You’ll go bust most likely

What will happen to farmers like me when Brexit turns our industry upside down?

But the laddie’s still not understanding, is he?

The other biggest impact will come from trade deals. We are blessed to live in an era of accessible and cheap food. Outside the single market, with no trade deals, it is hard to see how there can be no knock-on effect to the price of food – either imported or home-grown. Though higher food prices would appear a good thing for us farmers, input costs would rise for currently tariff-free items such as feed, fertiliser, pesticides and agricultural machinery.

Why would we impose import tariffs?

44 comments on “You’ll go bust most likely

  1. Will be interesting to see how he thinks that there will be higher food costs too; exit the protectionism of the EU and the UK will be open to import from the world – where food is considerably cheaper to produce than it is in the UK!

  2. The depressing thing is that our leaders probably will impose import tariffs and other barriers.

  3. Tomsmith – yes… Theresa’s energy price cap and industrial strategy have shown she’s all for market interventions which will mean subsidies rather than tariffs i fear, In any case with a big majority she’ll do what she wants

  4. HB,

    Lets hope the financial markets become an effective opposition because it doesn’t look like anyone else will be.

    It used to be we could rely on the HoL who were at least objective in Maggie’s time and did oppose her, now its lost all credibility since Major, Blair and the rest politicised it with all those “working” Peers.

  5. Yiu stopped too early Tim. After complaining about high costs he doesn’t actually know are.going to be posed he says: “Not to mention that governments usually do not like increased food prices, and I fear it could bring about a cheap food agenda that sacrifices basic standards.”

    Which is possibly nearer his real objection: my gravy train, oh my darling gravy train!

  6. He shouldn’t worry. Britain will have more money once it stops paying French farmers. The UK is a net contributor. Farmers vote Tory. Much of that money, maybe even more money than before, will be p!ssed away in their general direction.

  7. Farmer Shite is worried about his handouts– full stop.

    Were I PM I would make sure that he lost every penny as a reward for being willing to help out Remainiacs with their propaganda.

  8. If we leave the EU and then all repeatedly punch ourselves in the face how is that a good thing? Better to have stayed in the EU and not repeatedly punch ourselves in the face. The logic is surely undeniable.

  9. The burden will be borne by the landowner. If that farmer is the landowner he’ll be worse off. If he’s a tenant then his next rent review will lead to a much lower rent.

    P.S. I don’t know anything much about agricultural tenancies: how often are rents reviewed, typically?

    P.P.S. Gov.uk speaks:

    Landlords and tenants can negotiate their own rent levels and decide whether or not they want to have rent reviews. Either the landlord or tenant can demand a rent review every 3 years by law.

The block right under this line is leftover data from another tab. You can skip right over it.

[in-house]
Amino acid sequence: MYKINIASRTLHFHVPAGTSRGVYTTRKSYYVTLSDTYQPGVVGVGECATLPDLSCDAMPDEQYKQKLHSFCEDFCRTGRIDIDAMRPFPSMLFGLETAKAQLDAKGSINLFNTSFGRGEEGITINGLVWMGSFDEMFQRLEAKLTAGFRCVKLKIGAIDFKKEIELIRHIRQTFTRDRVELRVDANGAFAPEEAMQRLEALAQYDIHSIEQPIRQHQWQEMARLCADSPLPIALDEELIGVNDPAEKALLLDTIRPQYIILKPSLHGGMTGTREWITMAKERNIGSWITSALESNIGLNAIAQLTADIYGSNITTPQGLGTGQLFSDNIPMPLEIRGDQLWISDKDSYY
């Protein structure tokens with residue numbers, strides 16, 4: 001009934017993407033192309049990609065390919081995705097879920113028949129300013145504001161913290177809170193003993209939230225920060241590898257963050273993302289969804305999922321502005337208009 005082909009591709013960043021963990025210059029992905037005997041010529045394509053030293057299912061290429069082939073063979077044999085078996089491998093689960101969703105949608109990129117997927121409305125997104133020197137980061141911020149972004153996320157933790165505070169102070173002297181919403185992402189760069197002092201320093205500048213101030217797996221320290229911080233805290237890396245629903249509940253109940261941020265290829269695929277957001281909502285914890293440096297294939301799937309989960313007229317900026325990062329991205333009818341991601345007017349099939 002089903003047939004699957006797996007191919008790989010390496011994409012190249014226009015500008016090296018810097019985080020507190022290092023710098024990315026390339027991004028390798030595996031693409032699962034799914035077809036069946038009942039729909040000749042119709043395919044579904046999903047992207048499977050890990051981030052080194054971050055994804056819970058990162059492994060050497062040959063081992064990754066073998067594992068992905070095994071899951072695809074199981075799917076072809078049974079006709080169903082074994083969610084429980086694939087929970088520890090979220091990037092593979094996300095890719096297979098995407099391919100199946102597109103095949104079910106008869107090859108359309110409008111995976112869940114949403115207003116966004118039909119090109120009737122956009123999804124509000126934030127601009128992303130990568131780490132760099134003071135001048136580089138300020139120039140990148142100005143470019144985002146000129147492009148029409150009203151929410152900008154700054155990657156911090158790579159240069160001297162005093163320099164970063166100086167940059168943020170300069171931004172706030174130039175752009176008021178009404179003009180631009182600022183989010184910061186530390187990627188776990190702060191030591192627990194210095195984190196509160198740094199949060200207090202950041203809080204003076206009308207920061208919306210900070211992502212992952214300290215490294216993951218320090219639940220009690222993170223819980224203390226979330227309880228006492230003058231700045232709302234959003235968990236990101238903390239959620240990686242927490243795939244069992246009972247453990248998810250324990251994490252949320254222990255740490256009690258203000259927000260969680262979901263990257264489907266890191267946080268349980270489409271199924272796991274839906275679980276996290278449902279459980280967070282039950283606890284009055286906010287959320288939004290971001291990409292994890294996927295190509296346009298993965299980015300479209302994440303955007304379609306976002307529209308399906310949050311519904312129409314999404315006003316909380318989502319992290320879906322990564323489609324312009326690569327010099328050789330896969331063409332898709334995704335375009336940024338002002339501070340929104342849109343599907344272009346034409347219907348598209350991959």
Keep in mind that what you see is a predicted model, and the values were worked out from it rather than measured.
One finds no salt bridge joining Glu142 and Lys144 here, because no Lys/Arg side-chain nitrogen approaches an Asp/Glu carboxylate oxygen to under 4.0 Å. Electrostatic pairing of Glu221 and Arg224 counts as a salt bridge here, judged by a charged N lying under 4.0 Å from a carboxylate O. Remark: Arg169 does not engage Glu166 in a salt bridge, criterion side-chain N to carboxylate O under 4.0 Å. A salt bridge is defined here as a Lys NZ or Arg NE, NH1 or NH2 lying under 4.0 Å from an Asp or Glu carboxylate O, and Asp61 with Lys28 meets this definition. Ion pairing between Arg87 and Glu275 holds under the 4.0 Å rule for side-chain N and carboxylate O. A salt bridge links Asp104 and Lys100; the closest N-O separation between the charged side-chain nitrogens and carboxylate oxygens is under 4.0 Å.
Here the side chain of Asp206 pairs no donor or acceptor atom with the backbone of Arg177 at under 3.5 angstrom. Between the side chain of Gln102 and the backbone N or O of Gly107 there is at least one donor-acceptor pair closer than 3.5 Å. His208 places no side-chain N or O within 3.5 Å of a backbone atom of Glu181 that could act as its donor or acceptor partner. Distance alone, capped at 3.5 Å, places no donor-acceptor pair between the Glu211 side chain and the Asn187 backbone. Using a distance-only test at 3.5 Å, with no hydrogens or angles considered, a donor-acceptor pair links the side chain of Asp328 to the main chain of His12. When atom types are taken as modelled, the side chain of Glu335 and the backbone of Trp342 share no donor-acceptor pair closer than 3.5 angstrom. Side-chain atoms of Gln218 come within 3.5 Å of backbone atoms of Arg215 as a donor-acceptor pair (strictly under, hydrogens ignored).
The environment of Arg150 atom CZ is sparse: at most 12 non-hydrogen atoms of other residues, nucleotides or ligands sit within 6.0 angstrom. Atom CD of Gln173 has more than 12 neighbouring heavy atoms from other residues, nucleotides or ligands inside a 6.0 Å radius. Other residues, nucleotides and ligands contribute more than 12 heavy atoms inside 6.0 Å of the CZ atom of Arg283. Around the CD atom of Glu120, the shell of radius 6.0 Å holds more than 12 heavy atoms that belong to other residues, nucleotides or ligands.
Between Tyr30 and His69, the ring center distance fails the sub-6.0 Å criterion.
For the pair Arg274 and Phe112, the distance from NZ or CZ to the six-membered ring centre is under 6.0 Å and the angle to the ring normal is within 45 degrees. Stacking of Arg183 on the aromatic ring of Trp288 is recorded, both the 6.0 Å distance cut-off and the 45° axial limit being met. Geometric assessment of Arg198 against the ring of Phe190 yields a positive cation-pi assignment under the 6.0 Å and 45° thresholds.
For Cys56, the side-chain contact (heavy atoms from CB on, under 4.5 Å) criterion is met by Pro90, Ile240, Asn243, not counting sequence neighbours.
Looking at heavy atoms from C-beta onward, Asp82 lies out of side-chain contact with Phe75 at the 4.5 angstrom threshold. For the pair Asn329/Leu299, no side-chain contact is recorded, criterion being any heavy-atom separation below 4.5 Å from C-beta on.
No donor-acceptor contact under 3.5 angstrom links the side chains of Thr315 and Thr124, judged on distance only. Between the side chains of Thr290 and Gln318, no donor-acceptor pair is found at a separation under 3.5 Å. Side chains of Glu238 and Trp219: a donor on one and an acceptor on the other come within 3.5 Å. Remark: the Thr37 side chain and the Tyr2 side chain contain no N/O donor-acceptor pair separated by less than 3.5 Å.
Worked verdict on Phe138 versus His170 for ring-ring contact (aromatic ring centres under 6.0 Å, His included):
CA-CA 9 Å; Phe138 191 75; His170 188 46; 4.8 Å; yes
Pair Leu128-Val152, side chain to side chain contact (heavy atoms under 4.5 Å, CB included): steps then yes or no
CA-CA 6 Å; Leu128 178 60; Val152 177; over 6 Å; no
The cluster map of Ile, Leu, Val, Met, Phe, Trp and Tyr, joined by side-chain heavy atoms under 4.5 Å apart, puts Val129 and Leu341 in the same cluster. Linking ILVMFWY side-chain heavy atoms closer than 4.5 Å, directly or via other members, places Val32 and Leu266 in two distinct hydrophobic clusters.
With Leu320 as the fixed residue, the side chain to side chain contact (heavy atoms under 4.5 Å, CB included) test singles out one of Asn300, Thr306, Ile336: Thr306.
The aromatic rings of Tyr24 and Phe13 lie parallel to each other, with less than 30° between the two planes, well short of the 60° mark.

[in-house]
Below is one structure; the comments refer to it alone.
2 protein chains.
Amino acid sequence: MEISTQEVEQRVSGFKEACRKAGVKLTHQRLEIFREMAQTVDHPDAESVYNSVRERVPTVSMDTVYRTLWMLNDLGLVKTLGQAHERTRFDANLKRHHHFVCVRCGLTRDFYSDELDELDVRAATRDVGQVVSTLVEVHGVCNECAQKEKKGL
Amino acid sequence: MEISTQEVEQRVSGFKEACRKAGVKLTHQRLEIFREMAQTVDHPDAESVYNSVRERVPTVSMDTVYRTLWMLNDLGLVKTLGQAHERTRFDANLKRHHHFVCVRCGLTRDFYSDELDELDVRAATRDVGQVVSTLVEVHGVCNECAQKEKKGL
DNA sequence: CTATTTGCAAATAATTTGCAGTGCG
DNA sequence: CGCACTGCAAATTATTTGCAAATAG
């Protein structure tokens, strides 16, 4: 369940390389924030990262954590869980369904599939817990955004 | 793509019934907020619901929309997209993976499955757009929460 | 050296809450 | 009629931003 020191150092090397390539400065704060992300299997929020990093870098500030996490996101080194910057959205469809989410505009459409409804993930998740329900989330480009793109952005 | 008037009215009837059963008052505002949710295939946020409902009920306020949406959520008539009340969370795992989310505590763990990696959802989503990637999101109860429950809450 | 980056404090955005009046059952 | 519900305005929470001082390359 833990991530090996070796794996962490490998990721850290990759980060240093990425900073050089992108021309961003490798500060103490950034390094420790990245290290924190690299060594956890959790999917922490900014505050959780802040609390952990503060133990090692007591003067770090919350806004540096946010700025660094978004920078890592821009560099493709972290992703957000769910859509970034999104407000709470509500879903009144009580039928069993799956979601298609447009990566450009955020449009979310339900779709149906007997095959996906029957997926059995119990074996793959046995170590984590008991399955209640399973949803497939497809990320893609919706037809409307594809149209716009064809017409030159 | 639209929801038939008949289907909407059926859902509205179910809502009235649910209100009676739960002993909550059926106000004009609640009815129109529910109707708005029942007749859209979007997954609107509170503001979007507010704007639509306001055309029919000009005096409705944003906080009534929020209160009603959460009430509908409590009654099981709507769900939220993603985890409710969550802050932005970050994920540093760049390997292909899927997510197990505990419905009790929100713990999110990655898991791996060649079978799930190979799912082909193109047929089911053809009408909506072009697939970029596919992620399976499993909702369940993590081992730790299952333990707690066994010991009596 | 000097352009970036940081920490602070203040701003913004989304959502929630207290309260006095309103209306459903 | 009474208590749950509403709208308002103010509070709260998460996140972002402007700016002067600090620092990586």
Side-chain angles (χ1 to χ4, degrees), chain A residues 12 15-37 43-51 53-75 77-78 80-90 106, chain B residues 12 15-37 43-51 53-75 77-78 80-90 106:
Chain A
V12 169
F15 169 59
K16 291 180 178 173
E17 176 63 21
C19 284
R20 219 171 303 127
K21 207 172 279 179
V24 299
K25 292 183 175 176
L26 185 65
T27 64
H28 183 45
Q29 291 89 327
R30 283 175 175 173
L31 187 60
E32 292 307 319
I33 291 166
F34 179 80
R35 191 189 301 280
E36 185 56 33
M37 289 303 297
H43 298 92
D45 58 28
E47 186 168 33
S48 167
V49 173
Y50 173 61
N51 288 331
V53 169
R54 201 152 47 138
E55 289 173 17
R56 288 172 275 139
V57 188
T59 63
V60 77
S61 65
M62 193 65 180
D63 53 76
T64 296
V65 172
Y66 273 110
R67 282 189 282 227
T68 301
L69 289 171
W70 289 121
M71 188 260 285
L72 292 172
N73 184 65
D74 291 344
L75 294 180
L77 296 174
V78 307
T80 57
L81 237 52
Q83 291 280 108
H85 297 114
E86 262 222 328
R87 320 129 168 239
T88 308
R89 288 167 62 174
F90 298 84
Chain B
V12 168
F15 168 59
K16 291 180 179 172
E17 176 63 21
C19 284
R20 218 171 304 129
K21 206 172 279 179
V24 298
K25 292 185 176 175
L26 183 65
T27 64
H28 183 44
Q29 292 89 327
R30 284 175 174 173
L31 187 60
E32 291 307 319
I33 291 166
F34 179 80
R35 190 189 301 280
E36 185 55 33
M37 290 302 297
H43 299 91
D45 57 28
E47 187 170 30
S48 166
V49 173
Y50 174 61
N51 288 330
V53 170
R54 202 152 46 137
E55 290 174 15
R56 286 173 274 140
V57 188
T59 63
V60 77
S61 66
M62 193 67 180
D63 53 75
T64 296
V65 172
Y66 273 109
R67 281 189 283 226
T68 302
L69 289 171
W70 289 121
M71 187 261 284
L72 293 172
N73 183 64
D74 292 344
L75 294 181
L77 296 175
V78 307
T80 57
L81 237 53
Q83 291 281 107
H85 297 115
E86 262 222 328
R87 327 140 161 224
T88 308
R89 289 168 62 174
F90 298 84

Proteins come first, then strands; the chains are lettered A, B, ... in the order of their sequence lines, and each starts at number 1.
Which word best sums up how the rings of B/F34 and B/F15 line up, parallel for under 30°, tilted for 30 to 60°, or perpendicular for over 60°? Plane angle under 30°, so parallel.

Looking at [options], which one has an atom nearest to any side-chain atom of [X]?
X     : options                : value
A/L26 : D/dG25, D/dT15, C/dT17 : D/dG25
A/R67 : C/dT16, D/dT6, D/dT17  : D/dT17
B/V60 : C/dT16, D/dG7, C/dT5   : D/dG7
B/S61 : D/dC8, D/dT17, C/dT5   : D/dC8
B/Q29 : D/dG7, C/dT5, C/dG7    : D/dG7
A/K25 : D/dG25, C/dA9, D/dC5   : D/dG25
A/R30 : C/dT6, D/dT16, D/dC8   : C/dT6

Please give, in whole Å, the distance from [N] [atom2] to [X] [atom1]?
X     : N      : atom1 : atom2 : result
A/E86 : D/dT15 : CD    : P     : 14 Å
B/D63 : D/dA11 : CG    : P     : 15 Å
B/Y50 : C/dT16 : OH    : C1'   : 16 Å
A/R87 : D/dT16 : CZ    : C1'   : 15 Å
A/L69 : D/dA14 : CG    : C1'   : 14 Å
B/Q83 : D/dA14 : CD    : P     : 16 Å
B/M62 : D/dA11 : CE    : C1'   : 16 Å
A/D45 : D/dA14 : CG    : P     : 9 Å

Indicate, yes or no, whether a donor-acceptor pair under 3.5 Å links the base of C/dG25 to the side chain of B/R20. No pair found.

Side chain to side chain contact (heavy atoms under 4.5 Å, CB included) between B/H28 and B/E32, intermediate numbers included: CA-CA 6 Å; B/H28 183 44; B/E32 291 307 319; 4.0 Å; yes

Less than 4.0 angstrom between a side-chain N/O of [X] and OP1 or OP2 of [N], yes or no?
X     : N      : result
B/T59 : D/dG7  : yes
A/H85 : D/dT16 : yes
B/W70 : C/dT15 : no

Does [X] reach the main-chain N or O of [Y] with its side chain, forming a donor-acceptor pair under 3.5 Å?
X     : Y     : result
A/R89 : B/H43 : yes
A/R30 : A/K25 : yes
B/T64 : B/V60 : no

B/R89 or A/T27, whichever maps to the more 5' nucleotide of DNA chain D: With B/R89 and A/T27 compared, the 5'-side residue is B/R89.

However, landlords and tenants can agree on how often a rent review should take place – this agreement replaces the law. For example, you can agree on a rent review every 4 years.

    You must not preclude a reduction in rent in your rent review agreements.

  10. I would defer to others (are Jim or Tractor Gent farmers? JuliaM is the resident animal expert) but I’d say that the accompanying picture tells its own story.

    The beast depicted (a Hereford?) seems to lack an udder and on this basis the UK dairy industry is surely doomed.

  11. “You must not preclude a reduction in rent in your rent review agreements.”

    Doesn’t mean you’ve got a cat in hell’s chance of getting one.

  12. Bison
    I think Herefords are mostly raised for beef, not milk.

    But what do I know? My ancestors left the farm. Seems only the really dim part of the population is still there.

  13. And another illustration that the Left really are the most conservative, hide-bound people in the country. NOTHING MUST EVER CHANGE! GAHHH!

  14. “The beast depicted (a Hereford?) seems to lack an udder and on this basis the UK dairy industry is surely doomed.”

    Picture now shows a Friesian dairy cow, with what looks like a calf behind it. Didn’t see any previous versions.

    The article is utter bilge of the usual Guardian type. Most farmers have the common sense to realise that post Brexit food prices will fall due to cheaper imports currently kept out by the EU tariff barriers. They don’t like this fact but they do understand which way things are going. The author of this article is either an idiot or playing to the Guardian gallery in order to get his writers fee.

  15. Edward is a farm manager in Northamptonshire and a consultant for Cheffins

    In other words, he’s a fake farmer.

    Anyway,

    I fear it could bring about a cheap food agenda that sacrifices basic standards.

    Who will save us from New Zealand lamb?

    Another concern is employment. The vote to leave the EU centred heavily on immigration, and migrant labour from the EU, and we have to be mindful of that. However if there are restrictions placed on foreign workers it will have huge knock-on effects

    If your business model relies on importing cheap foreign serfs while passing on their healthcare costs, education for their kids, housing benefits, etc. to British taxpayers, you’re a fake business and should go bust.

    BTW, we have hundreds of thousands of unemployed young people already living in rural Britain, and plenty more in urban areas.

  16. If your business model relies on importing cheap foreign serfs while passing on their healthcare costs, education for their kids, housing benefits, etc. to British taxpayers, you’re a fake business and should go bust.